The province remained relatively calm until the 1980s Soviet war in Afghanistan. Nangarhar was used by pro-Pakistani mujahideen (rebel forces) fighting against the Soviet-backed Democratic Republic of Afghanistan. The Pakistani-trained mujahideen received funding from the United States and Saudi Arabia. Many Arab fighters from the Arab World had been fighting against the government forces of Mohammad Najibullah, who ultimately defeated them near Jalalabad. In April 1992, Najibullah resigned as President and the various mujahideen took control over the country. When the 1992 Peshawar Accord failed, the mujahideen turned guns on each other and started a nationwide civil war. This was followed by the Taliban take-over in 1996 and the establishment of al-Qaeda training camps in Nangarhar province.

Recent history

Osama bin Laden held a strong position in Nangargar during the late 1990s. He led a fight against US-led forces in the 2001 Tora Bora campaign. He ultimately escaped to Abottabad, Pakistan, where he was killed in a night raid by members of Seal Team Six in 2011.

After the removal of the Taliban government and the formation of the Karzai administration in late 2001, U.S.-led Afghan National Security Forces (ANSF) gradually established authority across the province. Despite this, Taliban insurgents continue to stage attacks against Afghan government forces. The Haqqani Network and militants loyal to Gulbuddin Hekmatyar are often blamed for the attacks, which sometimes include major suicide bombings. Several incursions by Pakistani military forces have also been reported in the districts next to the Durand Line border. The focus of the conflict is on the Kabul and Kunar rivers, which run through the Nangarhar province.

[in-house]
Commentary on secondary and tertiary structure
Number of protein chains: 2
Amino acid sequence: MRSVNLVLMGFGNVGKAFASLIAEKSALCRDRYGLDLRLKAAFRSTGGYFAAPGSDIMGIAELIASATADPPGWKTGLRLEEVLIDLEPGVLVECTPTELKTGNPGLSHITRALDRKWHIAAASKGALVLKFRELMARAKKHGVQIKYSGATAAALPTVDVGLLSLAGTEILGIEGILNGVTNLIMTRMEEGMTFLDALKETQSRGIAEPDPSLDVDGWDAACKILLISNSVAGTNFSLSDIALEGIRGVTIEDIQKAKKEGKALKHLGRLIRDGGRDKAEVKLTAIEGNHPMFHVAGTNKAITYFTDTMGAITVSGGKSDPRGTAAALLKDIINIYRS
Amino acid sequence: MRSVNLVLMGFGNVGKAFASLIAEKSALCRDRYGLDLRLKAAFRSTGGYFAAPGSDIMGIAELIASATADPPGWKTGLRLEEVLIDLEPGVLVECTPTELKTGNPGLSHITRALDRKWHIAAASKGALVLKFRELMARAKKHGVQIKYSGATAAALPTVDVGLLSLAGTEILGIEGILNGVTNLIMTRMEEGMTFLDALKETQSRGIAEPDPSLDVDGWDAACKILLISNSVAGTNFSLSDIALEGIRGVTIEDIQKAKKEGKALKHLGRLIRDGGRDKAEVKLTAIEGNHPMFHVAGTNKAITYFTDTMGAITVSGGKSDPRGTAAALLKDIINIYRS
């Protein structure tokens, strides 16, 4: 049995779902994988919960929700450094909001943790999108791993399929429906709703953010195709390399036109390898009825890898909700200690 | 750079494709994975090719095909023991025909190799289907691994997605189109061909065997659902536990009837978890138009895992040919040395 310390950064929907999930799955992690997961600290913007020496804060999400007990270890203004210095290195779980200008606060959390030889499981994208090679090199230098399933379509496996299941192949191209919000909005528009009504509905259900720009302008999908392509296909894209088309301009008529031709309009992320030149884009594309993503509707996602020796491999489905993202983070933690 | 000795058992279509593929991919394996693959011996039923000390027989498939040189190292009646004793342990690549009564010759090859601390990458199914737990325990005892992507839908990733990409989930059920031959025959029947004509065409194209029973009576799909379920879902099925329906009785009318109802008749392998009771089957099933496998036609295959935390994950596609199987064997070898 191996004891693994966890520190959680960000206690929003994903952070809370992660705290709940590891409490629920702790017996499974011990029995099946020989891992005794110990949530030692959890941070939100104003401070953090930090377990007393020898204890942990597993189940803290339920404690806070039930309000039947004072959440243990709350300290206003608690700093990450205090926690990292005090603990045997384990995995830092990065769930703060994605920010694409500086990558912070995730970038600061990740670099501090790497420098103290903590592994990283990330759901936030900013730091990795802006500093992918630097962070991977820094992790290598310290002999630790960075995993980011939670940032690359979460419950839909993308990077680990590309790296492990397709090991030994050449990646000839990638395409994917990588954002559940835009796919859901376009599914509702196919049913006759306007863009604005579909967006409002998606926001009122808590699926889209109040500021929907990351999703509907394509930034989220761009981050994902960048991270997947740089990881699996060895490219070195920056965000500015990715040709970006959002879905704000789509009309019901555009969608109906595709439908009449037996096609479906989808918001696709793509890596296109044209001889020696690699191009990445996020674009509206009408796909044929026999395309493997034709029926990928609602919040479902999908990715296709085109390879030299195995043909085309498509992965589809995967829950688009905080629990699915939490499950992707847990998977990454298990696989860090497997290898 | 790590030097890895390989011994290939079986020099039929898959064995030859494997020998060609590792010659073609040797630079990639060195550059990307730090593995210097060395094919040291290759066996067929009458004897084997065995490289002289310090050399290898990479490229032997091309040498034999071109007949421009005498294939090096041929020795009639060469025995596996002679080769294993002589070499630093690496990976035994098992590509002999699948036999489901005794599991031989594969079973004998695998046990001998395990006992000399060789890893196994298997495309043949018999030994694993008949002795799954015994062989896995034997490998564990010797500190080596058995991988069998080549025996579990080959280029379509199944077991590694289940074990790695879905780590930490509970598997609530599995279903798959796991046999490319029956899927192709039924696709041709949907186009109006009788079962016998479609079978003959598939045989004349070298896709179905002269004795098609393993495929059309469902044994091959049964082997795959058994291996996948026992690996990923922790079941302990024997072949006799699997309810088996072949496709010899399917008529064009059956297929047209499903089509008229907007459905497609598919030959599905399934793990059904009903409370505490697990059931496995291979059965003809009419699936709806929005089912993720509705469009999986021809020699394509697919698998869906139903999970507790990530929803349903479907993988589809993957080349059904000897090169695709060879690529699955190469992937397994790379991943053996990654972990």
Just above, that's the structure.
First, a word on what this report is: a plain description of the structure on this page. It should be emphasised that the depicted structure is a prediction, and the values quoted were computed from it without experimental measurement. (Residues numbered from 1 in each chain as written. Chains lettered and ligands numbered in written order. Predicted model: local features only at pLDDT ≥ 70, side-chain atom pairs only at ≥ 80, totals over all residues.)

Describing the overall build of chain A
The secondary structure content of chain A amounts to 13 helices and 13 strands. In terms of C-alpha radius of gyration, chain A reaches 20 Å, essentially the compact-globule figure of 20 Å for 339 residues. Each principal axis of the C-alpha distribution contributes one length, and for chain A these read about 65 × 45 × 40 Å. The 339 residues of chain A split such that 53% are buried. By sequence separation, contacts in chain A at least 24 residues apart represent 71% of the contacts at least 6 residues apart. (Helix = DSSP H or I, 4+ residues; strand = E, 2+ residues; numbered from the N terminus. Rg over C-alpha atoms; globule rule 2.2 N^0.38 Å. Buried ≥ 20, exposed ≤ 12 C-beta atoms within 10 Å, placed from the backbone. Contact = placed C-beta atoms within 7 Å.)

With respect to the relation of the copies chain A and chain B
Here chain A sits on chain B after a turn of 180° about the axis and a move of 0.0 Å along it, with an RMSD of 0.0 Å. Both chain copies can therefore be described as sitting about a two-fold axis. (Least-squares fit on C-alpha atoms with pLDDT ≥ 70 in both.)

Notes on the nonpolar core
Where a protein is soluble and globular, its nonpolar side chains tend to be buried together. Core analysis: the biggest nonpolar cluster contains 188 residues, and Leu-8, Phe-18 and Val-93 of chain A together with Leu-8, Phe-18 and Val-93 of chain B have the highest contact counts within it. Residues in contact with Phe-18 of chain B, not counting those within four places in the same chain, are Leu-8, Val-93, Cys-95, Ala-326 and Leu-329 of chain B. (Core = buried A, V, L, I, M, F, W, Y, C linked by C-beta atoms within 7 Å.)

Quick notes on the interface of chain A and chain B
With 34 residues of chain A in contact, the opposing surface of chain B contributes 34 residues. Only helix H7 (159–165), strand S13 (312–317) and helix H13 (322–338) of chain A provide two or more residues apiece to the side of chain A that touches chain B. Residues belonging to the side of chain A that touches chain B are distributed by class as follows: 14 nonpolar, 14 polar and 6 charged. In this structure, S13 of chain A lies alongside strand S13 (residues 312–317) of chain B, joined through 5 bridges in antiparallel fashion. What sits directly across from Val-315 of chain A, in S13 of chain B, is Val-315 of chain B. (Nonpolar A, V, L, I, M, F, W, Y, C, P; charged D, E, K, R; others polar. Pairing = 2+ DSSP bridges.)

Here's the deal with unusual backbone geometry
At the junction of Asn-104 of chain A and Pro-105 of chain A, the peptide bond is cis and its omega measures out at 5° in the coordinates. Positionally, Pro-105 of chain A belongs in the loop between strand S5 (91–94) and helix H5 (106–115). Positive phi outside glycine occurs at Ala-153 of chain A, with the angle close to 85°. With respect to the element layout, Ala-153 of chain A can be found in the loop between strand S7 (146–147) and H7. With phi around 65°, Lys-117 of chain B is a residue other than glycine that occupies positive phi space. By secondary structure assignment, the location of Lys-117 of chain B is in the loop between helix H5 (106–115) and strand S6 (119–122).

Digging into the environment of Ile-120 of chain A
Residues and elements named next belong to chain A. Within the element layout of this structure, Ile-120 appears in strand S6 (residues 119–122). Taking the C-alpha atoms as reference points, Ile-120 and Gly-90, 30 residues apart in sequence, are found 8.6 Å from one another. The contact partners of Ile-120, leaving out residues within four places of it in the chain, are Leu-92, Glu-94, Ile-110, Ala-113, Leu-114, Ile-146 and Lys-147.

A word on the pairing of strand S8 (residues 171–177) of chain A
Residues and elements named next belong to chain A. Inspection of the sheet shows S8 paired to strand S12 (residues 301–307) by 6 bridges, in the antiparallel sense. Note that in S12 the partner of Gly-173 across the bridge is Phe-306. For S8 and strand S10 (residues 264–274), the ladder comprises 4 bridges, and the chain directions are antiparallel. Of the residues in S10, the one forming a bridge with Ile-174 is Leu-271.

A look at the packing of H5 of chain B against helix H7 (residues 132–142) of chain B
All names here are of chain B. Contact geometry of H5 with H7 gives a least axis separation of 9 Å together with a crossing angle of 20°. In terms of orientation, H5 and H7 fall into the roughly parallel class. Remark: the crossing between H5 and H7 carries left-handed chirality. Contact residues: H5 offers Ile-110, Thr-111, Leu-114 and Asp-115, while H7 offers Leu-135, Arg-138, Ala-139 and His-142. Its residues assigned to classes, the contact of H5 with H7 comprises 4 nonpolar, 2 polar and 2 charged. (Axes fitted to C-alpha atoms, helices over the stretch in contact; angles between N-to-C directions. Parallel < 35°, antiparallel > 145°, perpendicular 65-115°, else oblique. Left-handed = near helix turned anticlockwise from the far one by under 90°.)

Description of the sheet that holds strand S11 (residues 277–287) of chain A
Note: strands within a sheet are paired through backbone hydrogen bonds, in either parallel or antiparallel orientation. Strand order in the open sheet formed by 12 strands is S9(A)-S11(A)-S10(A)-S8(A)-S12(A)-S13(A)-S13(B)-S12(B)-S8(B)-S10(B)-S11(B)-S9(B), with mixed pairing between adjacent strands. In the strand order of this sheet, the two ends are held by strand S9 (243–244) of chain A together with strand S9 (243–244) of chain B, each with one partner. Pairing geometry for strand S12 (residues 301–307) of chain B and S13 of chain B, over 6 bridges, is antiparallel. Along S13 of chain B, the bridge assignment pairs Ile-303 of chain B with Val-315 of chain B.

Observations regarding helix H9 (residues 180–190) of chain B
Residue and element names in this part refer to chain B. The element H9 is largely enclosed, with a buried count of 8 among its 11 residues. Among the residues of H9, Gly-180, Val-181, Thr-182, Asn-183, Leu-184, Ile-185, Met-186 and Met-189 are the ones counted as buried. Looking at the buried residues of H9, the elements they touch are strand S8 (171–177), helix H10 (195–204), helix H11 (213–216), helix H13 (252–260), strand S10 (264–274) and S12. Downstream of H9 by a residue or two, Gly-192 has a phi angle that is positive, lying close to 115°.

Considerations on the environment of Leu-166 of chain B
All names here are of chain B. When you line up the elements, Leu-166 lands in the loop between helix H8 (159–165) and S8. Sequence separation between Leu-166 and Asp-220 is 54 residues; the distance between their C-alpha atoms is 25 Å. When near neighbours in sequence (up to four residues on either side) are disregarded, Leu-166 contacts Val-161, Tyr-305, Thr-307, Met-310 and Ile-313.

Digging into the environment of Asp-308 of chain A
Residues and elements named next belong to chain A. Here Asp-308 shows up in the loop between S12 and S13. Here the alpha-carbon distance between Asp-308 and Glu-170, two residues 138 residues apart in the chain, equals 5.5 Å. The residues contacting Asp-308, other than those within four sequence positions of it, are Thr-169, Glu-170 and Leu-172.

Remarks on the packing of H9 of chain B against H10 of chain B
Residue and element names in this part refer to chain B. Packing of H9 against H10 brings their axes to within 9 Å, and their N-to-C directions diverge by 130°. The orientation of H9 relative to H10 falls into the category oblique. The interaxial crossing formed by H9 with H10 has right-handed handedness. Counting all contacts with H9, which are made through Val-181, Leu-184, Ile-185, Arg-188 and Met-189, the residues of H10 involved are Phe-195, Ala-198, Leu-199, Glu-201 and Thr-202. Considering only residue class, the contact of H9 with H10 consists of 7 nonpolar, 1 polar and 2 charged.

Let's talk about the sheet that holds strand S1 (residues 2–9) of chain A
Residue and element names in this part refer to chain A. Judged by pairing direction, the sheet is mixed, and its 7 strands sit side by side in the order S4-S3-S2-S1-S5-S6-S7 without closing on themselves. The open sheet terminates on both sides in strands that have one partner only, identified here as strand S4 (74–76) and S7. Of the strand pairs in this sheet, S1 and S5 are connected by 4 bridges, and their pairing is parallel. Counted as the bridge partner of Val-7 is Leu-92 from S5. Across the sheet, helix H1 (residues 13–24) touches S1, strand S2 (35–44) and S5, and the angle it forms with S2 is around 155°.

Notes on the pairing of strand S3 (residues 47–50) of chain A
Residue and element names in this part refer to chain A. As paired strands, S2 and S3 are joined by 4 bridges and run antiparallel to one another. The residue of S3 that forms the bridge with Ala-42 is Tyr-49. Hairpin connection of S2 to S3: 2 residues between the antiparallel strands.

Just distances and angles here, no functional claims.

Politics and governance

U.S. and Afghan National Security Forces (ANSF) stand in formation during a transfer of authority ceremony on Forward Operating Base Fenty in December 2012.

The current governor of the province is Mohammad Gulab Mangal.[1] His predecessor was Saleem Khan Kunduzi who resigned on 22 October 2016. Gul Agha Sherzai served as the governor since 2004 but left in order to run in the 2014 Afghan presidential election. The city of Jalalabad serves as the capital of the province.

All law enforcement activities throughout the province are controlled by the Afghan National Police (ANP) along with the Afghan Local Police (ALP). The border with neighboring Pakistan is monitored by the Afghan Border Police (ABP). A provincial police chief is assigned to lead both the ANP and the ABP. The Police Chief represents the Ministry of the Interior in Kabul. The ANP and ABP are backed by the Afghan Armed Forces, including the NATO-led forces.

Nangarhar shares a border with the neighboring Federally Administered Tribal Areas (FATA) and the Khyber Pakhtunkhwa province of Pakistan. The three regions share very close ties, with significant travel and commerce in both directions.


Further information: Health in Afghanistan

The percentage of households with clean drinking water fell from 43% in 2005 to 8% in 2011.[10] The percentage of births attended to by a skilled birth attendant increased from 22% in 2005 to 60% in 2011.[10]


Further information: Education in Afghanistan

Nangarhar University is located in the provincial capital, Jalalabad. It is government-funded and provides higher education to nearly 6,000 students from the region.

A number of schools operate in the province, providing basic education to both boys and girls. The overall literacy rate (6+ years of age) increased from 29% in 2005 to 31% in 2011.[10] The overall net enrolment rate (6–13 years of age) increased from 39% in 2005 to 51% in 2011.[10]


Further information: Economy of Afghanistan
Inside the Afghan customs and border patrol station at the Torkham border crossing in 2013

The Jalalabad plain is one of the principal agricultural areas of Afghanistan. The strong agricultural base, coupled with the crucial trade route connecting Kabul with Peshawar, makes Nangarhar one of the more economically diverse and functional provinces of Afghanistan. Torkham is one of the major border crossings between Afghanistan and Pakistan. It is the busiest port of entry between the two countries, serving as a major economical hub for the province.